Although, a lot of this does depend on the individual game as well. DiRT 5, a game releasing on the cusp of the Xbox Series S launch fails to deliver the unparalleled gaming experience. Although the game takes advantage of the custom NVME SSD to deliver fast loading times and the lighting was impressive, the overall package never stood out as being “next-gen”.
Taking a look at Gears 5, a game that already excelled in showcasing Microsoft’s hardware on the Xbox One X has been improved. Using Xbox’s Smart Delivery coupled with the Velocity Architecture, Gears 5’s performance has been heightened. From crisp colour pallets to fast loading times, games that have been optimized to have better performance demand attention on the new consoles.
Since the Xbox Series S is a digital-only machine, all games must be downloaded to the internal SSD, an SSD expansion card, or external HDD. However, in order to take advantage of the Xbox Series S optimization, said games must be on the SSD. Otherwise, they won’t run at peak performance.
The Xbox Series S features a 512GB SSD. Although, it is partially taken up by the OS and system. It was a bit underwhelming to see that the console only has 364GB available for game storage. Of course, you can invest in a 1TB SSD expansion or shuffle games around when they aren’t in use. While I completely understand that storage was an aspect affected in order to keep costs down, a low ceiling for storage on the next-gen console can prove to be an issue as games progressively become larger in size.
New and Improved Controller
Of course, the Xbox Series S isn’t the only shiny new thing to come in the box. No, Microsoft has developed and included the new Xbox Wireless Controller. It’s not the major shift in design we’re used to seeing, however.
Microsoft has maintained the overall body and layout of the current Xbox controller but has added aspects seen on the Xbox Elite controllers. The controller grips now have texture to them and feel great in your hand. The triggers leading into the shoulder buttons are also textured. While I’ve always been fond of the Xbox One controller, Microsoft has refined it by giving it a brand new D-pad, which quite honestly feels great. In the short amount of time testing the device, the D-pad has become one of my absolute favourites. It’s accurate and very responsive.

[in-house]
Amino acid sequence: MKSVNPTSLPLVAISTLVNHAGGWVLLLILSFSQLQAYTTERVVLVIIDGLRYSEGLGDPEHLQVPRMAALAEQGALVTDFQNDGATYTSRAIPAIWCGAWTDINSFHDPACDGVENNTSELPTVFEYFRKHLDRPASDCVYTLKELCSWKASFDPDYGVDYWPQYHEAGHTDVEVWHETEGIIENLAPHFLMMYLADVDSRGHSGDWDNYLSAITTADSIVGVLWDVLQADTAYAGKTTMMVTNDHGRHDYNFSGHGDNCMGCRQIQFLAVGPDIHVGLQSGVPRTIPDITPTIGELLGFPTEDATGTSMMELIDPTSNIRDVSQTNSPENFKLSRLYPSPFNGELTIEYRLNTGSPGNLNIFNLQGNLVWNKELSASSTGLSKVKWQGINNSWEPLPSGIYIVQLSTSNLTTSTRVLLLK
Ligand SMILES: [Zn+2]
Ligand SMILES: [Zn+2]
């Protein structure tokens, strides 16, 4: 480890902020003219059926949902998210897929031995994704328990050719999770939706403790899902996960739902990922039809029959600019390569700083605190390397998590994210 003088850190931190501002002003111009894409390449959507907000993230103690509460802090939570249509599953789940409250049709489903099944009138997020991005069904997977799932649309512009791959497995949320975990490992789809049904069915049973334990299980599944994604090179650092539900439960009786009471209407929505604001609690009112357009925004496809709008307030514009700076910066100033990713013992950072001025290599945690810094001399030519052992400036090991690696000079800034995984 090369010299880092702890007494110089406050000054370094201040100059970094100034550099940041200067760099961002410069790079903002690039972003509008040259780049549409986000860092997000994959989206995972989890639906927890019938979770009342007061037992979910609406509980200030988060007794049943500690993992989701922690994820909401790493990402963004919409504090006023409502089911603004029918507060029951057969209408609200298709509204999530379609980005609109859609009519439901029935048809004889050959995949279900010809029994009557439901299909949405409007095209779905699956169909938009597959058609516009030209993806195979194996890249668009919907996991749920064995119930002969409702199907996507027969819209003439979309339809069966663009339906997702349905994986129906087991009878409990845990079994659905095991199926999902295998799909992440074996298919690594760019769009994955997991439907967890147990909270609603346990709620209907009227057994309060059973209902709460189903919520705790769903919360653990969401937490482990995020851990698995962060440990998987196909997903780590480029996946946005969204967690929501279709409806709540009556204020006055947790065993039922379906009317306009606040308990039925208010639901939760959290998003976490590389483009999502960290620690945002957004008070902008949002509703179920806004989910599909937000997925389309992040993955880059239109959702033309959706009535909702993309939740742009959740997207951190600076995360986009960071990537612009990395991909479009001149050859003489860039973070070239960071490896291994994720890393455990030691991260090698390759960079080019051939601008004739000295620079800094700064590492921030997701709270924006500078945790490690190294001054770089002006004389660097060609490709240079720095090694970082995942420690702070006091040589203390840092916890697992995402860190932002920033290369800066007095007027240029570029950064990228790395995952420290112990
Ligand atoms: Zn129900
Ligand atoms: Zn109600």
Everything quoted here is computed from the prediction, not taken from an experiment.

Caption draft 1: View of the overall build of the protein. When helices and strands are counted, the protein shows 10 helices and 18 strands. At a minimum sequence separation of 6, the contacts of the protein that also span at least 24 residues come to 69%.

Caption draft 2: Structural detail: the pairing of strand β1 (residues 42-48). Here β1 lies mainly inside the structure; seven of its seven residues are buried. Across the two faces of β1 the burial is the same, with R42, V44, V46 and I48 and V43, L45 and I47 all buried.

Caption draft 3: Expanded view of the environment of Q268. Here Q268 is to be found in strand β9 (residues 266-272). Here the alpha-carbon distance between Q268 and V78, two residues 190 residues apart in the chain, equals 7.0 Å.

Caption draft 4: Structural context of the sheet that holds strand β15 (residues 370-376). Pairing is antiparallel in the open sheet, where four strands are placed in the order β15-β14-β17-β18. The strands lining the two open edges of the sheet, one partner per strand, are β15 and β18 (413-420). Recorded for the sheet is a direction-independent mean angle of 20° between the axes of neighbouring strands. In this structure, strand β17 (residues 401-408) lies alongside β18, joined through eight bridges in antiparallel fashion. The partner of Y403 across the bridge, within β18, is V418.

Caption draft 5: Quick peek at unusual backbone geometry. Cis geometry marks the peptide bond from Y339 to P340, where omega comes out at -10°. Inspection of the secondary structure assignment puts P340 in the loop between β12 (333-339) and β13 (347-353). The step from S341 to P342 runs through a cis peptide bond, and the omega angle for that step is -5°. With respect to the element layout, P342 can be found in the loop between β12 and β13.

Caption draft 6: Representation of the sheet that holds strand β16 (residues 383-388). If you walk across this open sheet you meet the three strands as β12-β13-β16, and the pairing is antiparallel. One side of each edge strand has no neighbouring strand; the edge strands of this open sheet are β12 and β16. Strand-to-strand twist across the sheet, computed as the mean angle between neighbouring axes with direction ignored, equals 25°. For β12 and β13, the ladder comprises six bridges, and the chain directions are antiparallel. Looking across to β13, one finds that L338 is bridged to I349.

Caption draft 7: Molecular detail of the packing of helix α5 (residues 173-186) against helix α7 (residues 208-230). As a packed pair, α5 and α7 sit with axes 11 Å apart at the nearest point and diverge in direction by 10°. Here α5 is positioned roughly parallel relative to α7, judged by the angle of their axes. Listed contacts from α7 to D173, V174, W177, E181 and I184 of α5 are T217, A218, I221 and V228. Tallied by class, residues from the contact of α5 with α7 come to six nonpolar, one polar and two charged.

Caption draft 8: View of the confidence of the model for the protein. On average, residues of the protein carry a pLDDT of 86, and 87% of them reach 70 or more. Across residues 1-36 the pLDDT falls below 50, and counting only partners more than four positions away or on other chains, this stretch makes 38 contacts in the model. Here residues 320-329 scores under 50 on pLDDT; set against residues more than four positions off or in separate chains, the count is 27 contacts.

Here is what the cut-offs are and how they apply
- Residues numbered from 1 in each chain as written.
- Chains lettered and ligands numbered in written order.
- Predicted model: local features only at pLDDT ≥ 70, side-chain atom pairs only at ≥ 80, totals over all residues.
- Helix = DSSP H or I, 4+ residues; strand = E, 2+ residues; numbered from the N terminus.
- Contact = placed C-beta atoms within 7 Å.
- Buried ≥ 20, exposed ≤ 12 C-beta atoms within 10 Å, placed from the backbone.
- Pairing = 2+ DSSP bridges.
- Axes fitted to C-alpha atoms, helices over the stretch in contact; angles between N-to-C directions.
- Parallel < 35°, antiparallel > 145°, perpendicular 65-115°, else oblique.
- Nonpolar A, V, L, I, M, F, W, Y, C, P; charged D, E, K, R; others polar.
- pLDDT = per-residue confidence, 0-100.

Finally, the new and improved controller also sports the Share button. This addition has really spoken to me, a devout fan of photo mode and sharing screenshots online. The ease of use and customizable features the Share button possesses is a welcomed addition to this generation.
For players on a budget or not obsessive over 4K graphics and the highest FPS (even though the console supports 120 FPS) out there will find a lot of value from the Xbox Series S. It’s an open door into Microsoft’s next generation of games for a cost-efficient price point.
While it may not have all the glitz and glamour its Xbox Series X counterpart has, there’s still an astounding amount of high-end tech running inside the small, compact body. The new generation of games is going to be an exciting time. Microsoft is breaking down barriers and welcoming more players into the Xbox ecosystem.